2. Doesn't work with polyamory.
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17 minutes ago, Spud said:

Yeah, it's kind of a problem that Sex Ed classes are decades behind modern talk xD They just recently started acknowledging gay people, but I seriously doubt most places even talk about bisexuality, let alone gender, romantic attraction, etc.

Well, the sad thing is, at that point I was out as queer, and I was active on tumblr and several LGBTQ chats for years, but I still did not know the word "aromatic".

 

@Rising Sun

1, Jealousy with squishes? :o That is something new. I never had it.

Is it similar to the romatic variety?

 

2, It'd make sense, I guess it could be true. Sorry, I don't really know. The whole thing does not happen to me.

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Not jealousy like in romance. More a need to be each other's most important person. If the other person has a romantic partner, it doesn't matter, but you want your platonic relationship to be more important anyway, to be the first in terms of emotional intimacy and attachment. 

So, I wouldn't qualify this as jealousy, but still as a need for some exclusivity.

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So more along the lines of wanting a bff, not the "I'm gonna rip your face off if you even dare to look at my spouse" type of thing.

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16 minutes ago, Rising Sun said:

2. Doesn't work with polyamory.

 

Actually, it still works with polyamory, because you can have multiple people at the center of your universe.  

 

13 minutes ago, Rising Sun said:

Not jealousy like in romance. More a need to be each other's most important person. If the other person has a romantic partner, it doesn't matter, but you want your platonic relationship to be more important anyway, to be the first in terms of emotional intimacy and attachment. 

So, I wouldn't qualify this as jealousy, but still as a need for some exclusivity.

 

That's interesting. For me, I don't really want my platonic relationship to be more important than my squish's potential future romantic relationship. I want our friendship to be equal in importance.

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But isn't exclusivity by definition limited to one person ? I thought that because of that, it could only be used in monogamy.

Personally, I'm very monogamous, so I have this need to have a bond where we both are each other's most important person for life, I need a bond that we're alone to share.

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3 minutes ago, Rising Sun said:

But isn't exclusivity by definition limited to one person ? I thought that because of that, it could only be used in monogamy.

Personally, I'm very monogamous, so I have this need to have a bond where we both are each other's most important person for life, I need a bond that we're alone to share.

 

Well, exclusivity means something that's not shared with others, and you can have a group of people you're exclusive with, like polyfidelity. I'm pretty monogamous too, and it'd be ideal if my squish didn't date anyone and just kept up a great friendship with me, but at the same time, if pursuing romance and other intimate relationships makes her happy, I'm all for it, no matter what shape or form it takes.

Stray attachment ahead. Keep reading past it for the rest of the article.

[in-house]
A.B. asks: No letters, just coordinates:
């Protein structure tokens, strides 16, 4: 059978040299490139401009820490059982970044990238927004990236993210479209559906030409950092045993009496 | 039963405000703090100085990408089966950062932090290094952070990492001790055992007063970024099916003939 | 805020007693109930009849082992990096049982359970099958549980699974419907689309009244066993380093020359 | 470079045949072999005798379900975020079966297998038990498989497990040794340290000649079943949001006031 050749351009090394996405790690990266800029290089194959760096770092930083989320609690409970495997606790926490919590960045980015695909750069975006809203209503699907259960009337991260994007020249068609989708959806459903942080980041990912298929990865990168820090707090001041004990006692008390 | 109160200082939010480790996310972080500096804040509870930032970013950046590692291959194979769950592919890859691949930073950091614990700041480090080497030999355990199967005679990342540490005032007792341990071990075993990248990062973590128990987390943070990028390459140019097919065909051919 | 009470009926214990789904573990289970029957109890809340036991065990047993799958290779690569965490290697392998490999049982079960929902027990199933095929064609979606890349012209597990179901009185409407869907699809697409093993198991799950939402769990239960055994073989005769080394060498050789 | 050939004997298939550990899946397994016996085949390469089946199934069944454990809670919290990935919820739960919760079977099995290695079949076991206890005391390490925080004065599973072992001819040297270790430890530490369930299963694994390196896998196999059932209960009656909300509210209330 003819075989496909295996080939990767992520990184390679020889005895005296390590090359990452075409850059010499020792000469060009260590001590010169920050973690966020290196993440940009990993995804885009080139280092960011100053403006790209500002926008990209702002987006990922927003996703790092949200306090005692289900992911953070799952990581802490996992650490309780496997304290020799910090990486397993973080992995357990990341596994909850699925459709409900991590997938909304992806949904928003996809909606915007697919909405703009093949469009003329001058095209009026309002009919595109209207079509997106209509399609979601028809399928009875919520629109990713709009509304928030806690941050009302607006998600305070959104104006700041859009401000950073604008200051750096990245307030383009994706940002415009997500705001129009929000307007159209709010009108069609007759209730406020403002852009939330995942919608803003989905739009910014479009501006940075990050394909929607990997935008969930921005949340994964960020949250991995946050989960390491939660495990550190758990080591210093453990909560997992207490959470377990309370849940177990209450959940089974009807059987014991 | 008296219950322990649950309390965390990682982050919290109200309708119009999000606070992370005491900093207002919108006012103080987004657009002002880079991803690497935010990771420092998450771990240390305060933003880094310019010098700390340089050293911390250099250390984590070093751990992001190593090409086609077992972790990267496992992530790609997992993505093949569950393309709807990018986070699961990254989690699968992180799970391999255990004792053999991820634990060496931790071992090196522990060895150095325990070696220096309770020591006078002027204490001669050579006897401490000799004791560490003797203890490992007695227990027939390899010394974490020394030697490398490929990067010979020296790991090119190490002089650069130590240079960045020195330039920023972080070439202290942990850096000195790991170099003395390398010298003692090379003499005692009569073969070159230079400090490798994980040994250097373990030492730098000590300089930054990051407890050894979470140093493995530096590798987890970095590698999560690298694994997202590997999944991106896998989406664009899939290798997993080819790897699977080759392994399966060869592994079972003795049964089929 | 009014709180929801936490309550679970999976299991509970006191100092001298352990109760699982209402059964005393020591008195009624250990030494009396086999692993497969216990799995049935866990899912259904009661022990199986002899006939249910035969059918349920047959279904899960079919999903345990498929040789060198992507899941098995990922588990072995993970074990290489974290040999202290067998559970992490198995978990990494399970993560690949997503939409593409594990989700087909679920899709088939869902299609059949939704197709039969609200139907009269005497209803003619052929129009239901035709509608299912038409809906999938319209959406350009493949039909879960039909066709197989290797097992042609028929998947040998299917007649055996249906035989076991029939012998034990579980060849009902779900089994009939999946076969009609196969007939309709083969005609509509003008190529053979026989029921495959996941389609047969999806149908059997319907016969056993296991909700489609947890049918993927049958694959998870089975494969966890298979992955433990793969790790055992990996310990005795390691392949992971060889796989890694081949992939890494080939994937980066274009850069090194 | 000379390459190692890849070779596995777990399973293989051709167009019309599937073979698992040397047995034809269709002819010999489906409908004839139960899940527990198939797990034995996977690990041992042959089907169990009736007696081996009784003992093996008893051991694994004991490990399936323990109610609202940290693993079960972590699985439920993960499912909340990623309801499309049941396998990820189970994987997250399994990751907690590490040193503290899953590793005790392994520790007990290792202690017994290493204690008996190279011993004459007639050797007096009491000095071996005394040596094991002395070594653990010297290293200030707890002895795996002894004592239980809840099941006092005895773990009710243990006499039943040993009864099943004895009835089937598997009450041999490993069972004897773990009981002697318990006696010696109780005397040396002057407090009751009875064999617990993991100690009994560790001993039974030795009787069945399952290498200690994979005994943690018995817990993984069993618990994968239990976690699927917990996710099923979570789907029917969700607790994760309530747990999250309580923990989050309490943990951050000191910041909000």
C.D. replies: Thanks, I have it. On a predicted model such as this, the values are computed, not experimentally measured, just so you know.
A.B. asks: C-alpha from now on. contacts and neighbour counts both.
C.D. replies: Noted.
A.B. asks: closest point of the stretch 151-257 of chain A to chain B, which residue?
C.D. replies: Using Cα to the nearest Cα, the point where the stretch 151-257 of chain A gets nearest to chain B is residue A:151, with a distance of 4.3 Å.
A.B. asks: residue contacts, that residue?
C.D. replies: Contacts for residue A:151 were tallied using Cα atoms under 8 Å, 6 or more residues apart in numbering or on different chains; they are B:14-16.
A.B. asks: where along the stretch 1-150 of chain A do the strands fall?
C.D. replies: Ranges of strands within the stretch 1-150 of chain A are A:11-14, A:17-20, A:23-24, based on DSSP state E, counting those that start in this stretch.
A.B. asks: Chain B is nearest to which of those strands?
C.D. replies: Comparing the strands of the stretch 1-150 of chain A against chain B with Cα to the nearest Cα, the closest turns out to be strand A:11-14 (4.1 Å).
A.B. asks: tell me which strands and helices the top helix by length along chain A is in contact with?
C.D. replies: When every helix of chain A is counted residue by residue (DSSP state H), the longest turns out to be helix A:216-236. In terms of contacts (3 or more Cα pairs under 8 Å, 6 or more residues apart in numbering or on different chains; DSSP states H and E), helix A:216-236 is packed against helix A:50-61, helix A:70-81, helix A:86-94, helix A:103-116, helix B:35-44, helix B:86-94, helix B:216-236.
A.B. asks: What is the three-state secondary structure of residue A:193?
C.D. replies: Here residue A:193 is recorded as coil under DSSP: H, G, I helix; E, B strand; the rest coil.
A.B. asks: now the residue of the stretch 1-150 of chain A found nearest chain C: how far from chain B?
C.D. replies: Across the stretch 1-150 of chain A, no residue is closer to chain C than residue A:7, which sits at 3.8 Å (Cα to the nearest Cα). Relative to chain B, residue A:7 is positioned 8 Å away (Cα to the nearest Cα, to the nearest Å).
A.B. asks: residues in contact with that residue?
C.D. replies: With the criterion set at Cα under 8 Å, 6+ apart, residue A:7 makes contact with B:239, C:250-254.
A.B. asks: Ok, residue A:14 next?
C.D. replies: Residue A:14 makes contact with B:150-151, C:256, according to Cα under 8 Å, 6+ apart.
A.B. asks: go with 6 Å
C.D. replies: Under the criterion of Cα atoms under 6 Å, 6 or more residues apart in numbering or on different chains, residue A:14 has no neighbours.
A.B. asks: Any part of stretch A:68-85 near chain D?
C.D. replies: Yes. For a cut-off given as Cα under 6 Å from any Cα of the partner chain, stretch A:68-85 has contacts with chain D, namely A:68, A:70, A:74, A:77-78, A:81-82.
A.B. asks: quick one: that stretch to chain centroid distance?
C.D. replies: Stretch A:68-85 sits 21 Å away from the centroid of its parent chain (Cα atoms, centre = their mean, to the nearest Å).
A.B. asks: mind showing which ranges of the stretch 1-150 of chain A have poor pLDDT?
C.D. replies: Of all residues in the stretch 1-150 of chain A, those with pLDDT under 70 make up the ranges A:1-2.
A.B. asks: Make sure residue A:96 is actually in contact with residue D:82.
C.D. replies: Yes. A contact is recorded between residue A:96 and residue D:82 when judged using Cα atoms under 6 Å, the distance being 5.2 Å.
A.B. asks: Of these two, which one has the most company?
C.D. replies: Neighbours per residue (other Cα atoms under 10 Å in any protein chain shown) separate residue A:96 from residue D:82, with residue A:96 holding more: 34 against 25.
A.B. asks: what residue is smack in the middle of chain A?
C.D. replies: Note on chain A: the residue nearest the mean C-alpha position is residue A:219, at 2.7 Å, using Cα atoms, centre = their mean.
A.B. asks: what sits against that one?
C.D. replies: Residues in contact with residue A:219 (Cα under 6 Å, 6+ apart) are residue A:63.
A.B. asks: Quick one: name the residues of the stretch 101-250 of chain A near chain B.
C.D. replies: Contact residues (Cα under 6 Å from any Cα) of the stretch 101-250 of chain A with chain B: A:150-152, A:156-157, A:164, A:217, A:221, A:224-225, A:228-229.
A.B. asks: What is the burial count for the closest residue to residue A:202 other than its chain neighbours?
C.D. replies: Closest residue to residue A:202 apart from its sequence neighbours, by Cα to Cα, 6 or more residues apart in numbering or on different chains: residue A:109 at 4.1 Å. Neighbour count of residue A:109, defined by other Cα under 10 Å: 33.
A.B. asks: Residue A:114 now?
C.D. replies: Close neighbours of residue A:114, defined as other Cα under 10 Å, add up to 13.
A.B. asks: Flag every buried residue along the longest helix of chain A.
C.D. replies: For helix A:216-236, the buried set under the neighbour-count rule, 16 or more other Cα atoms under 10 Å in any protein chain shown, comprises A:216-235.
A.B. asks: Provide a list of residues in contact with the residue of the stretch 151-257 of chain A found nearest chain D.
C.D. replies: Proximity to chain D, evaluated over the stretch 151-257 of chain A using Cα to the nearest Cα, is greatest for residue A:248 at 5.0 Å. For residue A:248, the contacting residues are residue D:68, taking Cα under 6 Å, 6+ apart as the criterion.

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Hmm, I am definitely seeing exclusivity is a good keyword to distinguish crush from squish, and romantic attraction from platonic attraction. I can agree with @omitef that with polyamory, you could be exclusive with three or more people, instead of the traditional two. Exclusivity sounds better than jealousy too. The jealousy springs from a desire to be the "one and only" with a person. Seeing or imagining them with someone else filling that role can cause jealousy (among other bad feelings).

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On 15/04/2016 at 7:16 AM, omitef said:

The difference between platonic and romantic attraction, for me, is exclusivity. When I feel platonic attraction towards someone, I want to be a significant part of their world, but not the center of their universe. I want to get close to them and make them happy, but I don't feel the desire to always be close to them, or be a major source of their happiness. When I feel romantic attraction towards someone, I want to be their everything. I want to be the one who is there for them, 100% of the time, providing everything and anything they want or need--except when I actually end up doing it, or get asked to do it, I feel really gross. 

This explanation seems to work well for me. Since I have experienced the former, but not the latter type situation.
Also find the idea of someone else wanting to be "my everything" to be not attractive in the slightest.

 

I expect people I care about to have their own lives to live...

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On 16/4/2016 at 5:59 AM, Blue Phoenix Ace said:

Hmm, I am definitely seeing exclusivity is a good keyword to distinguish crush from squish, and romantic attraction from platonic attraction. I can agree with @omitef that with polyamory, you could be exclusive with three or more people, instead of the traditional two. Exclusivity sounds better than jealousy too. The jealousy springs from a desire to be the "one and only" with a person. Seeing or imagining them with someone else filling that role can cause jealousy (among other bad feelings).

 

I don't really agree with this. With both, I want some exclusivity. But I experience jealousy only in a romantic context, so I think, on a personal level, that jealousy describes the difference much better.